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What Is the Difference Between IB & AP Classes for High School Students?

by Todd Sallo

Advanced Placement and International Baccalaureate are programs designed to introduce high-achieving high school students to the rigors and rewards of college-level studies. These programs have proliferated in recent years, becoming the fastest-growing part of the secondary curriculum. Both IB and AP classes offer students a head start on higher education and give them a sense of what college classes are like.

Advanced Placement

The College Board, a nonprofit organization based in New York City, has run the AP program since 1955. Originally established as a pilot program covering 11 subjects and offering high school students an opportunity to pursue college-level studies, AP now includes 34 subject areas. Examinations in each subject are administered in the month of May, and students are rated on a 5-point scale. Since the AP coursework is generally equivalent to a first-year college course, students who score a 4 or 5 on the exams are able to qualify out of introductory courses and can even receive college credits. Each year, according to the College Board, high school students take more than a million AP exams.

International Baccalaureate

Established in 1968 as a nonprofit educational foundation in Geneva, the International Baccalaureate Organization has developed a diploma program that offers internationally standardized courses and assessments, emphasizing the integration of disciplines. More recently, IB has expanded its scope to four programs, beginning for children as young as 3 years old. More than 600,000 students worldwide are involved in IB studies at some level. Students in the IB diploma program, which is designed for the last two years of high school, must choose a total of six subjects from specific areas of study. Formal written examinations are administered each May and are scored by external IB examiners. The diploma is awarded to students who have sufficient cumulative test scores and who have demonstrated satisfactory performance across the breadth of the program, which also includes core requirements such as community service.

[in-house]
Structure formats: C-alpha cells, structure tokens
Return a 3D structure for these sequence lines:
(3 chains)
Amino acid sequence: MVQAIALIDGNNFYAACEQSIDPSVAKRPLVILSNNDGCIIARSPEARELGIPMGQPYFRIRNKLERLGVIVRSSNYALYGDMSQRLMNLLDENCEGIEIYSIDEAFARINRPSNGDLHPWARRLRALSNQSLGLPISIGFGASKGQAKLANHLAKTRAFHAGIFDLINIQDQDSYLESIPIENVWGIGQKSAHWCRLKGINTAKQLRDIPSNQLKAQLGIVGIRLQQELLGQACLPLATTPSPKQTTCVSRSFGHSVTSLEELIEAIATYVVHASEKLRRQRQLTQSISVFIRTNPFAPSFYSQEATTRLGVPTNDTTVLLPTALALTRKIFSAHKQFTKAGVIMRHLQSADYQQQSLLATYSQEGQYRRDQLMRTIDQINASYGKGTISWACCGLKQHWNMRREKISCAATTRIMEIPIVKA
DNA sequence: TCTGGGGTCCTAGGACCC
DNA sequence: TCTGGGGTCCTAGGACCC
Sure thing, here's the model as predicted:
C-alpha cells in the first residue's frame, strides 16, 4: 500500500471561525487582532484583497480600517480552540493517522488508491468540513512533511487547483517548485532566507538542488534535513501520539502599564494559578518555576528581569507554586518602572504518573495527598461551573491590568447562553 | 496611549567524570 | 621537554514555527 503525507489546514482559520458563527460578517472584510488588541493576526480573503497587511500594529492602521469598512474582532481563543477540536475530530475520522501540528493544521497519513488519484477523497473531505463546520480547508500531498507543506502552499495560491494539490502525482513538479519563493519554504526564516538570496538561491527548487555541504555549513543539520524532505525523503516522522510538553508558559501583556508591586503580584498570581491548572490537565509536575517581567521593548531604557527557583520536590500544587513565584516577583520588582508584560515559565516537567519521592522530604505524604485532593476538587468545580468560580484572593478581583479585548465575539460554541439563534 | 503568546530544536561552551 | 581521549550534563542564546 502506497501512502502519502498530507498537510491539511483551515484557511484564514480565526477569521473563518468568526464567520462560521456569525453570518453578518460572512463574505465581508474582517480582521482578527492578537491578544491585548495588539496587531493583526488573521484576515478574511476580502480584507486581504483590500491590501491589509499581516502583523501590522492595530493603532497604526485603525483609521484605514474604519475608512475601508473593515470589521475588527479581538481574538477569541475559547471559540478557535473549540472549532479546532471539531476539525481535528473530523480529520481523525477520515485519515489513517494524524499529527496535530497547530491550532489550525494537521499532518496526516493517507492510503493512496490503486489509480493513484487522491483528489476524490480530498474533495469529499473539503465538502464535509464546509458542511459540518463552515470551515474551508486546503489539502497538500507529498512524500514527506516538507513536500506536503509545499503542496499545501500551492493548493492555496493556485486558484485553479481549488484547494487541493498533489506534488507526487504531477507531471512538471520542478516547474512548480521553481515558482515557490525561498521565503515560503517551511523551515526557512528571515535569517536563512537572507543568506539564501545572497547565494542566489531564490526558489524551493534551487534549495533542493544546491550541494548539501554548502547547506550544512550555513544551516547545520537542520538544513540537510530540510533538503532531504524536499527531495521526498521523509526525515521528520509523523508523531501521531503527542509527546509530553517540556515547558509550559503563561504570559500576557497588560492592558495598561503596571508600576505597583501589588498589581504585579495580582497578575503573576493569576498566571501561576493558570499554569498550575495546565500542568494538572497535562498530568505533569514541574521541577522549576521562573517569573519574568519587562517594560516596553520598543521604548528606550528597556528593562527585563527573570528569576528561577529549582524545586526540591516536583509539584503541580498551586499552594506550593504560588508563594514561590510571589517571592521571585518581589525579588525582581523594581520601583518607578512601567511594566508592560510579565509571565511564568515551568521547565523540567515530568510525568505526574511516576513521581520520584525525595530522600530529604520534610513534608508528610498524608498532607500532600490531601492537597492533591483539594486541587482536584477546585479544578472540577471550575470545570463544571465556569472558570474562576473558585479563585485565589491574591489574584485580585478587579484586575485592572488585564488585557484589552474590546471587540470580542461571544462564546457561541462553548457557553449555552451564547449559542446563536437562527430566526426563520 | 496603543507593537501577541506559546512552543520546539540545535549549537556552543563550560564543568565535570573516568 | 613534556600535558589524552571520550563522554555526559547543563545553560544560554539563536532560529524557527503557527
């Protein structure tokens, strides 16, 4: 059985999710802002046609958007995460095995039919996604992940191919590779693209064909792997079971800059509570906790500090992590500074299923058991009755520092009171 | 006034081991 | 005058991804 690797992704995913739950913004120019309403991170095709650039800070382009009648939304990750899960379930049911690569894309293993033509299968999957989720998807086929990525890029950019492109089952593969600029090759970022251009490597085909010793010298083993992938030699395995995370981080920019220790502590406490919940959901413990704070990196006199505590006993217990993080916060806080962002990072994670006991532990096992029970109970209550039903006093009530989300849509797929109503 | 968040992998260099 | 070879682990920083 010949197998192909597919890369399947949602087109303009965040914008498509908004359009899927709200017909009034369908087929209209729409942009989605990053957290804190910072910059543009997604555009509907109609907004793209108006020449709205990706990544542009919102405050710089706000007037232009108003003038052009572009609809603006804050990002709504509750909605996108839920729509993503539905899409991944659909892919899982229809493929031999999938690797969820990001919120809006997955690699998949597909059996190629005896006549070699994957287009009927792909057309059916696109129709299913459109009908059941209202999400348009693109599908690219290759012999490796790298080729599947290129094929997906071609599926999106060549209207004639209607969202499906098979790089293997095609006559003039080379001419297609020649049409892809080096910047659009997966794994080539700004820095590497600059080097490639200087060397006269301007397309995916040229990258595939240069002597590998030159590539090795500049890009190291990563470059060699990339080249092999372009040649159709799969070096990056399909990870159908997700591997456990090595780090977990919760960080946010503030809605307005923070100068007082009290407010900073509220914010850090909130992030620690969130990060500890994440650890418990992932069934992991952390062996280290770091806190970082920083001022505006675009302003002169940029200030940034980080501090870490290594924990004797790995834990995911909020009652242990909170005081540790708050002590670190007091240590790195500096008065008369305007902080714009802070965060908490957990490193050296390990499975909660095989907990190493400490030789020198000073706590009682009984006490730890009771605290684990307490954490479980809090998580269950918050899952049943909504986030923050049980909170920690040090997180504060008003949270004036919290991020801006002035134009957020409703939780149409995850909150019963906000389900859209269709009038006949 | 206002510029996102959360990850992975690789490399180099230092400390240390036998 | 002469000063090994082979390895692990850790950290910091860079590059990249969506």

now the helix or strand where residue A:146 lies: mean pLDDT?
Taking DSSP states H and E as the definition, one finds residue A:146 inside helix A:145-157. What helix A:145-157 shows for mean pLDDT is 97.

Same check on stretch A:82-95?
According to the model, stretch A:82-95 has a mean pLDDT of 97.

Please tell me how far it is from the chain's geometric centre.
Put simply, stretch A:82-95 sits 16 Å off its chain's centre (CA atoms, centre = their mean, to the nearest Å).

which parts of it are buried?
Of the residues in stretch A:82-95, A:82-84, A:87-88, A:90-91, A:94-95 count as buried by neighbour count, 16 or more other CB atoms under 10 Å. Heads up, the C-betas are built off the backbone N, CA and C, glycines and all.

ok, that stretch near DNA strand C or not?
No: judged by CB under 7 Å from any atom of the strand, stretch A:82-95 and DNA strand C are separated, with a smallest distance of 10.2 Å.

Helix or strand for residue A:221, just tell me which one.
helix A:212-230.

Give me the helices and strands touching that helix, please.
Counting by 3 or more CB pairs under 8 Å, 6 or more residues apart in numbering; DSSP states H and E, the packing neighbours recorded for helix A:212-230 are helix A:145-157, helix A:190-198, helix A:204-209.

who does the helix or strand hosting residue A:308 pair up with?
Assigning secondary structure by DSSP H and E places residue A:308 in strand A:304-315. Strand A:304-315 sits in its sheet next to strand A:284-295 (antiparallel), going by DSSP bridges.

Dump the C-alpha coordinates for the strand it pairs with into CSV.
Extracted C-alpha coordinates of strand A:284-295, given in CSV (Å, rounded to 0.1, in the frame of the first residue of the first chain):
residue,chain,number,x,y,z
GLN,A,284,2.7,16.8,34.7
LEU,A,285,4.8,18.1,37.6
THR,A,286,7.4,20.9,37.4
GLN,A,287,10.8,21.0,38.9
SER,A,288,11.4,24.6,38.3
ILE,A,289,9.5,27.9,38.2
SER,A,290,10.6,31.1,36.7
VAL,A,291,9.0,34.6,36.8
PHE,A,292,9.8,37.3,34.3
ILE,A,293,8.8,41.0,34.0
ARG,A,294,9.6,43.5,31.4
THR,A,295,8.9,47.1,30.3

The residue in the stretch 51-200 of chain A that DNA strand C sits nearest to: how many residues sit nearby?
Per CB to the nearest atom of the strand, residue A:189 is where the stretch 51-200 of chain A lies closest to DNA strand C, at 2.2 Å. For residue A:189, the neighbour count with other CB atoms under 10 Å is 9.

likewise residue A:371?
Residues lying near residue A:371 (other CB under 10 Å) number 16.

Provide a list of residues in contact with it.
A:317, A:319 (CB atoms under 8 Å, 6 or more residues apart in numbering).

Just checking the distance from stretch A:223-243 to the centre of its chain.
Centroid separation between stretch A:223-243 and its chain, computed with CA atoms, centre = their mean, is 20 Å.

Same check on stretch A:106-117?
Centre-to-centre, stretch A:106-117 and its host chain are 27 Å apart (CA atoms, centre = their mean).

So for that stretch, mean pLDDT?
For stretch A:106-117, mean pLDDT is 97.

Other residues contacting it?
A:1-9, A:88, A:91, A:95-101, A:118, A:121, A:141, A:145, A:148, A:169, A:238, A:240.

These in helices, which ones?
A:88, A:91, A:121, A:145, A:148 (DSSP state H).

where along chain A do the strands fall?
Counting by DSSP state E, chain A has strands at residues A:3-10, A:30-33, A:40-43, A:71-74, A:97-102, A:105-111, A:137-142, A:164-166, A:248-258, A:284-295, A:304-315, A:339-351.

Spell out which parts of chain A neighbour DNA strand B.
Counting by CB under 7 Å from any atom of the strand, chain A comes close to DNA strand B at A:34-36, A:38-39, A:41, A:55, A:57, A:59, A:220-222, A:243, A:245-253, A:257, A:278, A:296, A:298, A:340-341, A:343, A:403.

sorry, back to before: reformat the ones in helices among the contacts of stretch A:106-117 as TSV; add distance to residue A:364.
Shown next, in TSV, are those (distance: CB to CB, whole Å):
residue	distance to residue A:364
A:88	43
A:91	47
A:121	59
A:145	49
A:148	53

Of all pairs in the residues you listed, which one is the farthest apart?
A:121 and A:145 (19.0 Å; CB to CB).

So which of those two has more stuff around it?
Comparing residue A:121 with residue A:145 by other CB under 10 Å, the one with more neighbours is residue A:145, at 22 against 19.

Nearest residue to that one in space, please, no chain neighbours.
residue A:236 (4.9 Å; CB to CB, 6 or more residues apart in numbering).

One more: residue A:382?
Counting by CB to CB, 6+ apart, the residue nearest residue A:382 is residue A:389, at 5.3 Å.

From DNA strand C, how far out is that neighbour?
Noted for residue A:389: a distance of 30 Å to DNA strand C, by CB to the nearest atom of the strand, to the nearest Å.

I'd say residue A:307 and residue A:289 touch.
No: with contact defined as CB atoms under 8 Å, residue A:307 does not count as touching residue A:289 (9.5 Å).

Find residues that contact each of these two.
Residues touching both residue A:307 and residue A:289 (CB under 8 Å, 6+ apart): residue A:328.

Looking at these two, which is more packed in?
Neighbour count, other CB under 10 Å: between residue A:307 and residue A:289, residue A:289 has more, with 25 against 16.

The Student Experience

Since AP and IB both offer college-level courses for high school students, comparisons are unavoidable. The biggest difference is that IB is a more integrated program of study than AP, which is more “a la carte” in its offerings and therefore arguably less rigorous. But because IB is more all-encompassing in that it involves a greater commitment on the part of the student to a number of specific requirements that are not a part of the AP program, a common criticism is that IB tends to dominate the student’s entire high school experience by crowding out time for other interests. AP, by contrast, offers more flexibility. While IB requires study in specific subject areas and emphasizes the fulfillment of various breadth requirements, AP allows a student to take just one or two courses, leaving more time for other classes or for extracurricular activities.

IB vs. AP

A number of studies have attempted to parse the differences between the programs in terms of student experience as well as outcomes to determine which one is better. Students in both AP and IB courses report high levels of stress, particularly at exam time, but also a greater degree of confidence in their college preparedness. AP and IB credentials are essentially equal in that they have almost universal recognition among institutions of higher learning as a demonstration of academic excellence at the secondary level. Some educators believe that IB is superior to AP because of its greater emphasis on writing skills and because of its integrated curriculum. But the general consensus is that the programs are of roughly equal value and that the choice between them should be an individual one based on the needs, interests and educational goals of each student.

About the Author

Todd Sallo has been a professional writer and editor since 1991. His areas of expertise include K-12 and higher education policy, science and health-related topics, language and fine arts. Sallo’s articles have appeared in “National CrossTalk” magazine and in the 2012 book, “American Higher Education.” He holds a Bachelor of Arts in history from the University of California, Santa Cruz.

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